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Wonder enlarges the heart.
When you wonder,
you are drawn out of yourself.
      ~ John O’Donohue ~

Occasionally, someone will call Denver Botanic Gardens in autumn or winter and ask if there is anything to see at the Gardens during these seasons. My reply always includes an unequivocal yes; the Gardens are full of beauty throughout the year. To experience this magical time, simply walk into the Gardens with your sense of wonder intact.

It’s true, currently the Gardens are transforming in other ways; there has been an abundance of caterpillar tracks, excavators, hardhats, and   dump trucks convening here.  With the arrival of an underground parking lot, an updated irrigation system, a visitor center, and much more, there is a chaos that is the antithesis of a peaceful garden setting. Or is it?

The creative process is, in and of itself, a chaotic affair. If you have ever watched The Mystery of Picasso, a film showing the artist as he paints one of his many masterpieces, you observed how he wends his way through a thought process full of twists and turns, one idea giving way to the next. His painting takes energy, concentration, curiosity, and yes, chaos.

As all the construction projects progress at DBG, I keep in mind that all that frames the Gardens, including concrete and steel, has had the same legacy; from the chaos arises an even more spectacular setting that will bring years and years of pleasure to so many people.

Meanwhile, the gracefulness particular to this season takes shape through a delicate choreography, and nature continues her cyclical, imperfect journey. Recently, I saw a dragonfly clinging to leaves and branches near the Gates Montane Garden, its tattered, iridescent wings prismatic in the sunlight.  Elsewhere in the Gardens, the coralberries, pink as Jordan almonds, and the hot tamale-red pomes on the crabapples, remind me of the beads of an African necklace.  Sage crushed between my fingertips perfumes the day.  A little wonder works wonders.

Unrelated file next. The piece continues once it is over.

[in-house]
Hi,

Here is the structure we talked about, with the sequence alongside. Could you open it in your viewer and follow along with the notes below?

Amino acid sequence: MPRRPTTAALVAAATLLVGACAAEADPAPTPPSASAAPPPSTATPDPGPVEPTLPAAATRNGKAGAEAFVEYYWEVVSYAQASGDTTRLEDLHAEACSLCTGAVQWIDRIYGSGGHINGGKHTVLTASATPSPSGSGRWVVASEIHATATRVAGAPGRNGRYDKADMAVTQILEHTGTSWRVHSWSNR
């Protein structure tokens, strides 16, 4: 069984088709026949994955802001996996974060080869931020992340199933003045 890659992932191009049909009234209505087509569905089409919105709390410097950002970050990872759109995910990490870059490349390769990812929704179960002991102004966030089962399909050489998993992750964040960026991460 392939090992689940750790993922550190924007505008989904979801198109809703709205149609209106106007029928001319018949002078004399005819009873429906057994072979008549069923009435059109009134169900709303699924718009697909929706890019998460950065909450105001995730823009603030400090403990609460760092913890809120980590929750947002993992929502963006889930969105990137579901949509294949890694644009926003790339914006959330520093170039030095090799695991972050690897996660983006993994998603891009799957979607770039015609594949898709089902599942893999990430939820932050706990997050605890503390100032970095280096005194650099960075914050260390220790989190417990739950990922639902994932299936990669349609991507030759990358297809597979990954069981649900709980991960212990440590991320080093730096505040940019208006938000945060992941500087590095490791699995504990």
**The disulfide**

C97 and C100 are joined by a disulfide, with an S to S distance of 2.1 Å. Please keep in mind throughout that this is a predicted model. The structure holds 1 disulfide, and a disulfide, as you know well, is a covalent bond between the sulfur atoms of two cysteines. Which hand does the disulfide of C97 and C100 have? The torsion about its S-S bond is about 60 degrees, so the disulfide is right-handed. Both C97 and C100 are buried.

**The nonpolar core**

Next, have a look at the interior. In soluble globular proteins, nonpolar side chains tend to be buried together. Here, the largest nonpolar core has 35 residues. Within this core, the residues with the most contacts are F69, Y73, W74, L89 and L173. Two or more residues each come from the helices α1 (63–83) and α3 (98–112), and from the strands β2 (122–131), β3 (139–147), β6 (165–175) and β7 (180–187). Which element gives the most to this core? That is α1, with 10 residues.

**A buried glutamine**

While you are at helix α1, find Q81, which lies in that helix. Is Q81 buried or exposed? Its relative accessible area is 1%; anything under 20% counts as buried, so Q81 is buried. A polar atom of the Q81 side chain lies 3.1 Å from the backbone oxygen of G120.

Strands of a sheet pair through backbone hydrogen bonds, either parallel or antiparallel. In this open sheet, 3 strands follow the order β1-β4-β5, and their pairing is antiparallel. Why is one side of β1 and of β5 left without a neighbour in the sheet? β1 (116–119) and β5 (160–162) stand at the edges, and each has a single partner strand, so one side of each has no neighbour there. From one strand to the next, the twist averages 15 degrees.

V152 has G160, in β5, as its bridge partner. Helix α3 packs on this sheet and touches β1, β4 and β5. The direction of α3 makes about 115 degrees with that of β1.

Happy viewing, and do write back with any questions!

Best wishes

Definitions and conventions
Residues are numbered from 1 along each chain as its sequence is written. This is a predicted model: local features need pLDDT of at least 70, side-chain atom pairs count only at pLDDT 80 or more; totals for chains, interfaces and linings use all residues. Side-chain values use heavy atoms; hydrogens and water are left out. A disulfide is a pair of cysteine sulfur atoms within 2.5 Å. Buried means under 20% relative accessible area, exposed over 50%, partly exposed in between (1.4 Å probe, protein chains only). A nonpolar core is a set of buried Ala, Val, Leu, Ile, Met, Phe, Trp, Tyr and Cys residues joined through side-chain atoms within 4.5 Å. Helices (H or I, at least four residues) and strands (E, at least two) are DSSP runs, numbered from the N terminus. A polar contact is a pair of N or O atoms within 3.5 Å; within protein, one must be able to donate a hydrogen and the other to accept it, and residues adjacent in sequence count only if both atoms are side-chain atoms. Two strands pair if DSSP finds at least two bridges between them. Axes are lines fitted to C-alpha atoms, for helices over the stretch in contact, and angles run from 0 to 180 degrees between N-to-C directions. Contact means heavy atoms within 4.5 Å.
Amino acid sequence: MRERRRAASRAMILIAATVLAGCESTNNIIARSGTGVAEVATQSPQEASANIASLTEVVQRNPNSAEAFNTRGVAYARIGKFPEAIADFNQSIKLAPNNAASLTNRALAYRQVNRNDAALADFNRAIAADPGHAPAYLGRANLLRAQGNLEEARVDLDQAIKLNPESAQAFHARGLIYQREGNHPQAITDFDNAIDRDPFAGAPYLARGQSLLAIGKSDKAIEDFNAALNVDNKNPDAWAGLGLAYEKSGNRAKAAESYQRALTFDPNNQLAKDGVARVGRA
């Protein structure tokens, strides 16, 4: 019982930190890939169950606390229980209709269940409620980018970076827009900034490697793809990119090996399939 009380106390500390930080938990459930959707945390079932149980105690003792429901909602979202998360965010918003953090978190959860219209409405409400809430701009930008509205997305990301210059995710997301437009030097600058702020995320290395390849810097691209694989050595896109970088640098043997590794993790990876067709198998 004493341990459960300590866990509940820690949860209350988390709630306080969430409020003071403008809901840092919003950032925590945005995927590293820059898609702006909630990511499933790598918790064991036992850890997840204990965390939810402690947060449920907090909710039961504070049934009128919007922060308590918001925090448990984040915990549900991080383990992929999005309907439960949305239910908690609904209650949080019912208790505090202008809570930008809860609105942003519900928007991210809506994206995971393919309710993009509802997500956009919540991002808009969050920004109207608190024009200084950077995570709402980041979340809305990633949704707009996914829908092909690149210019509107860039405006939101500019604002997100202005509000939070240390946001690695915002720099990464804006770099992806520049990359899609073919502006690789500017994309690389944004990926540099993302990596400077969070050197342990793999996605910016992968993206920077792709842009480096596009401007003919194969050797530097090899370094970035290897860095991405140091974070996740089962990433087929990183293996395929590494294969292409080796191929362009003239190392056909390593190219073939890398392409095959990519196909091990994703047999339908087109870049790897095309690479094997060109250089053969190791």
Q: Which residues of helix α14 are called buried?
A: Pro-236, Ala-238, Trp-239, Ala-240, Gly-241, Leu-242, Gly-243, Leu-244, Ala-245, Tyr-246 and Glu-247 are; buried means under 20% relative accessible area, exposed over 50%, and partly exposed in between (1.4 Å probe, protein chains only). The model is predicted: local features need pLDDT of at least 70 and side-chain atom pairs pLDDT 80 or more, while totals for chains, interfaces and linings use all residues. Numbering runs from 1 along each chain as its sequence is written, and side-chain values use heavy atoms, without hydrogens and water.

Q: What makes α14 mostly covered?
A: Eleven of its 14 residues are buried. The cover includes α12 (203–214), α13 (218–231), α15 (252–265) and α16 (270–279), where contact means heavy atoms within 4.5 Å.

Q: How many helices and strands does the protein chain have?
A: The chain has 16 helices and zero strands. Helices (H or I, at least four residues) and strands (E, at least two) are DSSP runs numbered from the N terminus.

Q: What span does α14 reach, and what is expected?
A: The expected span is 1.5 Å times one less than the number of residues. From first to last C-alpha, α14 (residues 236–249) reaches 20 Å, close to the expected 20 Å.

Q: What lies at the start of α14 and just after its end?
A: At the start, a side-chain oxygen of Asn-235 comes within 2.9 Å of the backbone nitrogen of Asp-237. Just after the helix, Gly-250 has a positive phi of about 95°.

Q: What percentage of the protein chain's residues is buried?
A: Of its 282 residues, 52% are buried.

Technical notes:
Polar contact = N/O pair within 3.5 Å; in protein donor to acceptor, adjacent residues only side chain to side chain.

Along with family and friends, may you enjoy the Gardens during these subtler seasons. May you all grow in wondrous ways.


Doris Boardman

Thank you for reminding us of the beauty that can still be seen around the Gardens. Some of my favorites this time of the year are the grasses that reflect the late afternoon sun. They sparkle and sway with the breezes. And taking a walk through the Gardens covered with a light dusting of snow reveals the silhouettes of trees, bushes and hardscapes in the most breathtaking way. I am working on the January issue of our e-news, Botanic Buzz, right now. Panayoti Kelaidis never ceases to amaze me with his artful words for the Walking Tour of the month. And the images sent to me by Cindy Tejral are amazing. Wait until you see what wonders are ahead in January!
Linda Maich

Doris, Thank you for your thoughtful words. Yes, the Gardens do astound in every season. In late fall and winter there is a poetry that is easy to miss with all that takes up our daily lives. Yet the essential vivaciousness of the human spirit is reliant on keeping in touch with nature's process. Afterall, it's our own cycle we're beholding, isn't it?

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